Uncertain future for 900 learners as Chesterfield provider calls in administrators

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A national training provider has called in the administrators – leaving up to 900 learners uncertain about their futures and 54 staff out of work.

Slic Training, which has a head office in Chesterfield but delivers training as a subcontractor nationally to seven main providers, went into administration on March 10.

The provider has subcontracts worth a total of £3.6 million and had delivered land based provision, mainly horticulture apprenticeships, as well as pre-employment training to between 800 and 900 learners.

Chief executive Ian Benison told FE Week the problems with Slic Training resulted from an “unfortunate set of circumstances” that ended in them being unable to pay staff wages on the last day of February.

He said he tried to find a buyer to save the firm but was unsuccessful. As a result he was forced to put the provider into administration and make all staff redundant with immediate effect on March 10.

Mr Benison added: “I don’t want to go blaming certain organisations or people for what has happened, but all I’m happy to say is that this is the result of an unfortunate set of circumstances which were avoidable.

“We had fantastic staff and potential but this unfortunate set of circumstances impacted on our cash flow. We didn’t get supported by the bank who withdraw their support for us and that was the final piece of the jigsaw, they let us down badly.

“I feel really sorry for the employers and learners who we are letting down as a result.”

Slic Training had been on the Skills Funding Agency’s Register of Training Organisations, but not on its new Register of Apprenticeship Training Providers published yesterday.

Mr Benison said he is “led to believe” that the seven main providers who Slic subcontracted for are putting a plan of action together, that may include “offering jobs to some of the SLIC staff to continue training the learners and make minimal disruption for them”.

South Essex College was one of the main providers and had 308 apprentices and a contract worth £1,446,752 with Slic.

Anthony McGarel, deputy principal of South Essex College, said: “Yes we are aware of the situation and SLIC are fully cooperating with us. We’re putting a plan in place with the other providers so that none of these students will be left high and dry, every single one will complete their course.”

Skills Training UK had 17 learners with Slic Training, with a subcontract worth £79,529.

The main provider’s development director Graham Clarke said: “When SLIC Training emailed to alert us to cash flow problems we decided (as a precaution) to start making alternative arrangements for the 17 learners they were managing on our behalf.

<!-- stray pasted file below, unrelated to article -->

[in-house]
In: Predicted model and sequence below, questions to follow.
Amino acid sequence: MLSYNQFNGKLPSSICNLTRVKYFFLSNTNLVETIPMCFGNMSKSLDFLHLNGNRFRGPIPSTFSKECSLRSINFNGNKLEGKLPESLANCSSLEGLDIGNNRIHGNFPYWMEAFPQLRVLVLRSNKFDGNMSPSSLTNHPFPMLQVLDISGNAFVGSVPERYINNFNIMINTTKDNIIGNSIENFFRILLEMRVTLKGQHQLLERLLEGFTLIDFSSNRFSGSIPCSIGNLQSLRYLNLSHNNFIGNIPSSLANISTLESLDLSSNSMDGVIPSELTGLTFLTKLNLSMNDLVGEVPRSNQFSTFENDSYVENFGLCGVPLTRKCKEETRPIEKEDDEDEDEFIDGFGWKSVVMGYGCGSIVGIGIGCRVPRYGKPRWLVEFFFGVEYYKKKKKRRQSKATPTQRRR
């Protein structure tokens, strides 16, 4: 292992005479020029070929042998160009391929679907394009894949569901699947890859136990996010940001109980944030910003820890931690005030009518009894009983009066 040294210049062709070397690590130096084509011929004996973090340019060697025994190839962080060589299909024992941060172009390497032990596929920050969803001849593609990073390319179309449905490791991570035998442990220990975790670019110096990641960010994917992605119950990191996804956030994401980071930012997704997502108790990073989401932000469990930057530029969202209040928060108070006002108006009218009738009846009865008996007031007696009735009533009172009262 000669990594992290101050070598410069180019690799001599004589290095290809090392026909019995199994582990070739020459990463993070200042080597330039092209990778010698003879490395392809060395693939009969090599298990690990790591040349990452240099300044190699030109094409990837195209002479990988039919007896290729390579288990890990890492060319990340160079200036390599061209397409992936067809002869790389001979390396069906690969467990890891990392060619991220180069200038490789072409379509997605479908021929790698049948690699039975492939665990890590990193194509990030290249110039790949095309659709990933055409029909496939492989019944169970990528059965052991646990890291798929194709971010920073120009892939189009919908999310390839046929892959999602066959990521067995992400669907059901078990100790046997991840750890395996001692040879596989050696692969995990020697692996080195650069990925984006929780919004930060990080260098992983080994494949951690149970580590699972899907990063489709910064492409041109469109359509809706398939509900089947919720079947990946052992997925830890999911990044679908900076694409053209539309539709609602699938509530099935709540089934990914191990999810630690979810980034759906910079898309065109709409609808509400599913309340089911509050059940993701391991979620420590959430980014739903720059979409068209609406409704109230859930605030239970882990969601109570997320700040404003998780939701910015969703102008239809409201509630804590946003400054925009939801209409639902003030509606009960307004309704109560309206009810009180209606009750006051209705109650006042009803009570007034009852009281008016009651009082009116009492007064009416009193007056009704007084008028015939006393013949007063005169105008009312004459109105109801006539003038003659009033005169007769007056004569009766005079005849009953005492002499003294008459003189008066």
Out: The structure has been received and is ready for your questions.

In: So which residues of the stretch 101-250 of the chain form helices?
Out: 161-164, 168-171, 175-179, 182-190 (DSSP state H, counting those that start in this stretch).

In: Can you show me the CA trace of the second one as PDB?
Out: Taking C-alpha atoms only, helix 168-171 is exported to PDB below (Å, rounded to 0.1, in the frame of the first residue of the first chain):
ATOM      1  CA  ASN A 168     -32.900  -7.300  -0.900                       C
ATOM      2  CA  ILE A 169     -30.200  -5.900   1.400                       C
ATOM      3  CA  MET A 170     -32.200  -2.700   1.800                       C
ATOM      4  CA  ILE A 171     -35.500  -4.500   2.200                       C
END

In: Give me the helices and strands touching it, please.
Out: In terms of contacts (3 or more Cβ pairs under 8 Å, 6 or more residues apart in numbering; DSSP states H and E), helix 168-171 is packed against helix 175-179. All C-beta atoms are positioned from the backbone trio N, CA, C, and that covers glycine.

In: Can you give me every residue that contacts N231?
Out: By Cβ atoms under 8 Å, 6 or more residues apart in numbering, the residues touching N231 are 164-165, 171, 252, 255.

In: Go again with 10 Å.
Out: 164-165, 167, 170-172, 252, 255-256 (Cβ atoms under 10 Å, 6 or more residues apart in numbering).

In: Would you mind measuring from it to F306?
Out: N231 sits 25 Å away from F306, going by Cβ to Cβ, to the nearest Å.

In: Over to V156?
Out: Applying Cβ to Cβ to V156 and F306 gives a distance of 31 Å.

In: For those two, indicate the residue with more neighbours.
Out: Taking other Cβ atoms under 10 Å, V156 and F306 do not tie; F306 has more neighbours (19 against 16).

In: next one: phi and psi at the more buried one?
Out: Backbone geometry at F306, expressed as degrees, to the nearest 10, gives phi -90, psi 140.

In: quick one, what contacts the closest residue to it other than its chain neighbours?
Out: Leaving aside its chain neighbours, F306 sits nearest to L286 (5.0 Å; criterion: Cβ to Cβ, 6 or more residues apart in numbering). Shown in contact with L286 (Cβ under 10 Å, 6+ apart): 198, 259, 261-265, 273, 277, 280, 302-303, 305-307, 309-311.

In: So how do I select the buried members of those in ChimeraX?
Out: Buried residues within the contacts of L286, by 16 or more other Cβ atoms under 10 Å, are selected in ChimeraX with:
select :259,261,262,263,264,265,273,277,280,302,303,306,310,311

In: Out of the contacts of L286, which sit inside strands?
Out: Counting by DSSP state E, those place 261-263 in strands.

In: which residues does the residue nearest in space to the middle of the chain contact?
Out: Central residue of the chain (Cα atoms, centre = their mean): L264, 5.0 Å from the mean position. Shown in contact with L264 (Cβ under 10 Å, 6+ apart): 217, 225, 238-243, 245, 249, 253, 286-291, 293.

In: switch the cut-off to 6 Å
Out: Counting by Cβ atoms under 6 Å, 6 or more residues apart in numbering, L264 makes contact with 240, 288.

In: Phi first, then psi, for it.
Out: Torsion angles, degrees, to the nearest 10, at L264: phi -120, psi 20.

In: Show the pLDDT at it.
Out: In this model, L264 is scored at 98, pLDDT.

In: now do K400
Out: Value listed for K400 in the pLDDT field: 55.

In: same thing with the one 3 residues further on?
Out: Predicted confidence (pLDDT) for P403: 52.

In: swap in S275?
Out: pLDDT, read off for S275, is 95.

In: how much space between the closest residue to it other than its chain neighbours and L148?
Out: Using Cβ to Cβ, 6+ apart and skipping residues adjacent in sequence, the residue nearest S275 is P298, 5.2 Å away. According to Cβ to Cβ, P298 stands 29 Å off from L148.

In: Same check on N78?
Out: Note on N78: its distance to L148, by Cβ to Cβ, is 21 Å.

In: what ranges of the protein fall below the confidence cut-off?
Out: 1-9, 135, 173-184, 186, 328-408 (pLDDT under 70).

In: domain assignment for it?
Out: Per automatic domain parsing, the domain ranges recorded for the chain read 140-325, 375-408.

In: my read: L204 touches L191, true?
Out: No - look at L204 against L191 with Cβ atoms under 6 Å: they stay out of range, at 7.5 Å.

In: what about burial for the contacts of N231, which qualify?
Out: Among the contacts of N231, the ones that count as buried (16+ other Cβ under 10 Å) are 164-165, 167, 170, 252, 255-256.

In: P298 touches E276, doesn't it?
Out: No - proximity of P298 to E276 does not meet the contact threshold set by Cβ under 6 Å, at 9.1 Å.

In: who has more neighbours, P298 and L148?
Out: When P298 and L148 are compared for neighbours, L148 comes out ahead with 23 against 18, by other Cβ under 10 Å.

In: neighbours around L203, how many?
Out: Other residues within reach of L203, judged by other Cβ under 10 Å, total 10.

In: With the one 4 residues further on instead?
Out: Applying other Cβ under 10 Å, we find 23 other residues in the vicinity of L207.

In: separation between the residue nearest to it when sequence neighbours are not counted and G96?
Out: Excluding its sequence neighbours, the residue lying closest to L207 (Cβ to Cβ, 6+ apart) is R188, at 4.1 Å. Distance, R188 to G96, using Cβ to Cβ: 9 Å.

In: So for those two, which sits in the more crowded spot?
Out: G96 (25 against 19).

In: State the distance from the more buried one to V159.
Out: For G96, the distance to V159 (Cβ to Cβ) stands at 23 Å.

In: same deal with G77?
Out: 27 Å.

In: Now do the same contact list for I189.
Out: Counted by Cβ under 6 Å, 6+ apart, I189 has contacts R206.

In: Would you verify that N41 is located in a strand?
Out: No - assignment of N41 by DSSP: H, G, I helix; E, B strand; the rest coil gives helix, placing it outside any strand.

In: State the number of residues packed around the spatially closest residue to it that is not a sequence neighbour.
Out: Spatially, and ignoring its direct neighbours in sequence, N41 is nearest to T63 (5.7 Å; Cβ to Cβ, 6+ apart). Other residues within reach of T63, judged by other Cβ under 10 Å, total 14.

“On Monday, March 13, we were emailed to say they had gone into liquidation the previous Friday.

“We then escalated our efforts to complete the new arrangements and are pleased to say that 14 of the 17 learners have already been placed with other Skills Training UK partners in the Black Country. Some are already continuing their programmes with the new providers.”

The five other main providers for Slic were Calderdale College, with a £563,465 contract, Prevista Ltd with a £891,000 contract, Qube Qualifications and Development Ltd with a contract worth £273,894, RNN Group with a £373,927 contract, and Sheffield City Council with a £1,773 contract. All five were unable to comment ahead of publication.

The SFA has been approached for comment, but was unable to do so. The same was the case with administrators Begbies Traynor.



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4 Comments

  1. Bob Smith

    Wow, they’re all going bust at the minute. This is the problem with private training providers. They run on a shoe string, never build up sufficient cash reserves to weather a storm and low and behold, they end up in administration.

    • P.Green

      A bit of a generalisation. There are colleges and providers falling by the wayside. Perhaps there could be a common problem like the SFA and the ridiculous complexity around delivery, funding rules and sheer sheer incompetence.

      It really is time to move on from private bad – college good

  2. I’m not sure that is the problem Bob, how many colleges are currently being financially managed by the SFA? Several that I know of. It’s a shame that they don’t offer the same support for independent providers as they do for FE colleges.

  3. Mrs Cameron

    I’m very saddened by this news, my Sons not had any letter of communication from them at all apart from one email I received we’ve not got any contact numbers to determine who his new training provider will be since the one email on 15th March, if anyone has any details I’d be grateful to know as his training as come to a grinding halt and we’ve been left completely in the dark. Thank you